Protect Yourself & Others: COVID-19 - Minnesota Dept. of Health

The Centers for Disease Control and Prevention (CDC) released new guidance that shortens quarantine in certain situations. CDC: Options to Reduce Quarantine for Contacts of Persons with SARS-CoV-2 Infection Using Symptom Monitoring and Diagnostic Testing

Minnesota Department of Health (MDH) is reviewing the CDC guidance and will make recommendations over the next few days. We will update all documents to reflect any changes.

For the time being, people should continue to follow the current MDH guidelines, including to stay home (quarantine) for 14 days if exposed to COVID-19. Close Contacts and Tracing

Protect Yourself & Others: COVID-19

On this page:
Slow the spread
Masks and face coverings
Cleaning
Traveling
Vaccine
Other resources

Slow the spread

Distancing

Hands and face

    • Wash your hands often, with soap and water. Wash for at least 20 seconds.
    • Always wash your hands after being in a public place.
    • Always wash your hands after blowing your nose, coughing, or sneezing.
    • If soap and water are not available, use hand sanitizer that is at least 60% alcohol.
    • Use hand sanitizers on the hands only. Never use them on larger body surfaces, and never swallow or breathe them in.
    • Do not make hand sanitizers into something you can spray into the air. This is dangerous to your health and can catch fire.
    • Cover your mouth and nose when you cough or sneeze. Cough or sneeze into your elbow or a tissue. Throw used tissues in the trash.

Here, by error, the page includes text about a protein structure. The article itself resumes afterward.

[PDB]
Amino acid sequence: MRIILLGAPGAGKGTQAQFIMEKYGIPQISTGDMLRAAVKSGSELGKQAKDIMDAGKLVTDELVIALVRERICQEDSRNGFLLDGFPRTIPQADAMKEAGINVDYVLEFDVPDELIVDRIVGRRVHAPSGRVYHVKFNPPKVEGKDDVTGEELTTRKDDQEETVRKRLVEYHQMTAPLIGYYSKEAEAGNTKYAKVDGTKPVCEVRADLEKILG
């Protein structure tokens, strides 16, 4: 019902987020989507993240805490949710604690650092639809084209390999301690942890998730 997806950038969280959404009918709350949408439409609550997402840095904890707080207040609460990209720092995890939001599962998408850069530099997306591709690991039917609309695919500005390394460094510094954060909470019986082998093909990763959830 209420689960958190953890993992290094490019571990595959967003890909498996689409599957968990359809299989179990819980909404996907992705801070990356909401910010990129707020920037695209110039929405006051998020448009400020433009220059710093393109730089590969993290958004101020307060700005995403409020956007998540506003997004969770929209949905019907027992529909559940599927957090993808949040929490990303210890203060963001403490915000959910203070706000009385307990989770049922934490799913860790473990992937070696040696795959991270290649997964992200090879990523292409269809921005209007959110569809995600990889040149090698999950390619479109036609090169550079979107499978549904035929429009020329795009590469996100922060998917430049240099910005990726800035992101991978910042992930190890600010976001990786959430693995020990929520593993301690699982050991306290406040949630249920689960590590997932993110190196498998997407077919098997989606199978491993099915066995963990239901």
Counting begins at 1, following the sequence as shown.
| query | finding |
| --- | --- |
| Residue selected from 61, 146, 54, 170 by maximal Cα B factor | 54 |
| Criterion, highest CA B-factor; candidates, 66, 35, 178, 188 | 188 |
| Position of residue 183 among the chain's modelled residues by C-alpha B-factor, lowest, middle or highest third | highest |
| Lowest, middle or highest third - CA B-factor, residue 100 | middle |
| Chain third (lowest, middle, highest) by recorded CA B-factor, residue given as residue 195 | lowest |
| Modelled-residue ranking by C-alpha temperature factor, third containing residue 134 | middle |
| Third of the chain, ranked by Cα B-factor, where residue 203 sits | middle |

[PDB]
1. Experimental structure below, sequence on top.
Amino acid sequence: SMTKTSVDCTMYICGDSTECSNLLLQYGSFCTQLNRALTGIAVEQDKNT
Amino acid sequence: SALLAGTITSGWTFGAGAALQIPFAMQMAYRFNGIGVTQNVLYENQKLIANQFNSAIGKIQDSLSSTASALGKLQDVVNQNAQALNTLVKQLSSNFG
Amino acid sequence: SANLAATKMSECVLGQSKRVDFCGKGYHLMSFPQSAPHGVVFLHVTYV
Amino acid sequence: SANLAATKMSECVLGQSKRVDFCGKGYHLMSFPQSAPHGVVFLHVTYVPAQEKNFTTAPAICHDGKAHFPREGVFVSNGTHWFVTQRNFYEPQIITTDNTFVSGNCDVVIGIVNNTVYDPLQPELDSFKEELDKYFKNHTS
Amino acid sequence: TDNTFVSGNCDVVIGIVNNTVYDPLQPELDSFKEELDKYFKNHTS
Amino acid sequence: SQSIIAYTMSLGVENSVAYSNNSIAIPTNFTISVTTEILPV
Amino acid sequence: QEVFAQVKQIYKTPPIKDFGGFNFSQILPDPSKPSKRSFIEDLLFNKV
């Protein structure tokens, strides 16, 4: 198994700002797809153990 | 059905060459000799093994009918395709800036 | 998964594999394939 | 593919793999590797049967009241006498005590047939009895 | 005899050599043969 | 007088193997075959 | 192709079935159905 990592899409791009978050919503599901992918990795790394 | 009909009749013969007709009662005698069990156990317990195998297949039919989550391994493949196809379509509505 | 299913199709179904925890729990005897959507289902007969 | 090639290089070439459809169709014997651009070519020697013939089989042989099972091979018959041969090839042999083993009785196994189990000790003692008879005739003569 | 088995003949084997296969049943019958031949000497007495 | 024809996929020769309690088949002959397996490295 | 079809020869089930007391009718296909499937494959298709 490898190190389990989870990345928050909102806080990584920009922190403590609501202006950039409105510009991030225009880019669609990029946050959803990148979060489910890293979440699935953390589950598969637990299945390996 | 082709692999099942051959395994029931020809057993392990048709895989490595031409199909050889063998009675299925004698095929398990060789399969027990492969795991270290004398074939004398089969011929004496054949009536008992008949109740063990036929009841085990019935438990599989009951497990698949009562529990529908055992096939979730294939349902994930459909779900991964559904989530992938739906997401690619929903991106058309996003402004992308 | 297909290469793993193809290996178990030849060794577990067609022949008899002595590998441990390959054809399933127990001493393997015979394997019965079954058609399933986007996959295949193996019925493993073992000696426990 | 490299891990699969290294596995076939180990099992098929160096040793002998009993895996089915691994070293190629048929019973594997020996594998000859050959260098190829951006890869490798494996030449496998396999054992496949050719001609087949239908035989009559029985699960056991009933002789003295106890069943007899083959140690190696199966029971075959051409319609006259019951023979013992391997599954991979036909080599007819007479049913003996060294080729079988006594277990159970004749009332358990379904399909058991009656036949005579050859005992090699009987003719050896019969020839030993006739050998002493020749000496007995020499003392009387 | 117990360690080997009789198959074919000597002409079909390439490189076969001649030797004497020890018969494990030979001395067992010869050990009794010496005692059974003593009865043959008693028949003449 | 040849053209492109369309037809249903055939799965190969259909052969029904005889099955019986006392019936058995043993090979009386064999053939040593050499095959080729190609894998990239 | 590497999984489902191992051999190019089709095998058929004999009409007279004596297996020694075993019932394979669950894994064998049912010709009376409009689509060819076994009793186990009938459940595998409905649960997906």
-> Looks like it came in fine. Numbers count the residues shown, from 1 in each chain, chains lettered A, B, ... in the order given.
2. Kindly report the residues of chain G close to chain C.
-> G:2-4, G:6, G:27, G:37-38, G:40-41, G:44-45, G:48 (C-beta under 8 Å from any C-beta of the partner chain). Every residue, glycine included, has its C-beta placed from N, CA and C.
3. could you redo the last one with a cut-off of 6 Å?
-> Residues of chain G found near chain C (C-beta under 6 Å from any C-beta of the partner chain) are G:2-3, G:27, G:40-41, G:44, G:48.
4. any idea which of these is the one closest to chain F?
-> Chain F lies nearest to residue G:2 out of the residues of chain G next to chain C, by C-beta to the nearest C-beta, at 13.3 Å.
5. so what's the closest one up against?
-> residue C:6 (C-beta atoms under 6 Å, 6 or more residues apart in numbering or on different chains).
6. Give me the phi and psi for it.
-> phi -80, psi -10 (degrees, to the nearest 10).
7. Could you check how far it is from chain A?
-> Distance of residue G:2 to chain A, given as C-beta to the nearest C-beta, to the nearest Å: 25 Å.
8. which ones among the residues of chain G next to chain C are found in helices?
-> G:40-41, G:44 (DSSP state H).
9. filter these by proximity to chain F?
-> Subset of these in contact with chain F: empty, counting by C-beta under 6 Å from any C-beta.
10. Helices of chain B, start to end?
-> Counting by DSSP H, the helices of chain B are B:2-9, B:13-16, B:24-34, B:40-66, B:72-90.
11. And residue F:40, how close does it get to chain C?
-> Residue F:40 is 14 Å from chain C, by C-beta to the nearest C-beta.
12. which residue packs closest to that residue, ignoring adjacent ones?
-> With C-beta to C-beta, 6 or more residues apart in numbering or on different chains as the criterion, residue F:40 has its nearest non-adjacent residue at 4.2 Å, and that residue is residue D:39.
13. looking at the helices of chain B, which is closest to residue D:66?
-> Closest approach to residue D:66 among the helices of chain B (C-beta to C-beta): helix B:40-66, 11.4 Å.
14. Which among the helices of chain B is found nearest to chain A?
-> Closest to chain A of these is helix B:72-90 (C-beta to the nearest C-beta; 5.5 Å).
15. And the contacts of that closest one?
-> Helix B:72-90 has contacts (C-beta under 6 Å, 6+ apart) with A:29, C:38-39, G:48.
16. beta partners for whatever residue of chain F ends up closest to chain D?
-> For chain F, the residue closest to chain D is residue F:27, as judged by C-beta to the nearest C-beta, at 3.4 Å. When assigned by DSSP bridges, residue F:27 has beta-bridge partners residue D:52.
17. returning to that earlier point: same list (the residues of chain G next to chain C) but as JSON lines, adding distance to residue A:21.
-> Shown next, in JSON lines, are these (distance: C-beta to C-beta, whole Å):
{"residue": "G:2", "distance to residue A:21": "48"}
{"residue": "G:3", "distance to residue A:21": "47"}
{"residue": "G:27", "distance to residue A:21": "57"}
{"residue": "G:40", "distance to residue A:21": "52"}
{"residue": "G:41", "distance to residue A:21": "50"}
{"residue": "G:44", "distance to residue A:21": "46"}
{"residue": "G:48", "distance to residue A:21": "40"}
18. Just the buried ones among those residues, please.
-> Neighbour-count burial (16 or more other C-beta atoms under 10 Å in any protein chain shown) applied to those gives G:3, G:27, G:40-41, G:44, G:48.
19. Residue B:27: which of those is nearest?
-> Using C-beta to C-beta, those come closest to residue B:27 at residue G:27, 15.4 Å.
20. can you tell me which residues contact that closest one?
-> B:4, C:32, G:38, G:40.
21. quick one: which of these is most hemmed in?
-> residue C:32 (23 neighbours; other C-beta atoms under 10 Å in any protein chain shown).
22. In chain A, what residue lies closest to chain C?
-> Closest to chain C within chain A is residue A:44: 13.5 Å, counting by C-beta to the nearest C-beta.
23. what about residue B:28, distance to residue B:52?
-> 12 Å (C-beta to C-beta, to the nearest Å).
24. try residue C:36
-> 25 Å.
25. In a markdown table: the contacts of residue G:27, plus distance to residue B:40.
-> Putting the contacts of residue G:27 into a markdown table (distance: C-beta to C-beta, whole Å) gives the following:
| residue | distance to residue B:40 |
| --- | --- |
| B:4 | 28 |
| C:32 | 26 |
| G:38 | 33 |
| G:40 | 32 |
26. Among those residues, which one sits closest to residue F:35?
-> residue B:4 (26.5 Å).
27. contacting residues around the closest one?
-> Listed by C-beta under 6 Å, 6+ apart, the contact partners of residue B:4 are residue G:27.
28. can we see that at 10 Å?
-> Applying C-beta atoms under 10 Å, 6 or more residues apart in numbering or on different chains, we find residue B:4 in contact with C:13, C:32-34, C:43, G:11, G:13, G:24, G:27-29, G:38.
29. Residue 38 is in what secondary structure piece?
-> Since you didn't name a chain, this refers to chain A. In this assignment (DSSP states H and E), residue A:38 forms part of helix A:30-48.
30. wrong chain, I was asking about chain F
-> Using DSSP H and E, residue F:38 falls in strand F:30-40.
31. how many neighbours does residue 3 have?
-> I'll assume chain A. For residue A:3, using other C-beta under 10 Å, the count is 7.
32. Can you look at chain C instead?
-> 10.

Indoor Air Considerations: COVID-19
General considerations for airflow, ventilation, circulation, and more.
Updated 11/23/20

Masks and face coverings

Face coverings, often called masks, can help stop your germs from infecting others. Research has shown that wearing masks reduces the risk of infection, especially when combined with other prevention efforts such as washing your hands often and staying 6 feet away from others.

As of July 25, 2020, per the Governor's Executive Order, people in Minnesota will be required to wear a face covering in all indoor businesses and public indoor spaces, unless you are alone.

How masks work

  • The virus which causes COVID-19 is thought to be mostly spread by respiratory droplets released when people talk, cough or sneeze. Wearing a mask stops these droplets from spreading to others. This is extra important because around 40-50% of people with COVID-19 do not have symptoms but can still spread the virus. 
  • Wearing a mask does not mean people who are sick should be in public. Stay home if you are sick unless you need to seek medical care.

Who should wear a mask

  • Everyone who can wear a mask should.
    • Even if you've had COVID-19, you should still wear a mask because we do not know if people can get sick with COVID-19 again.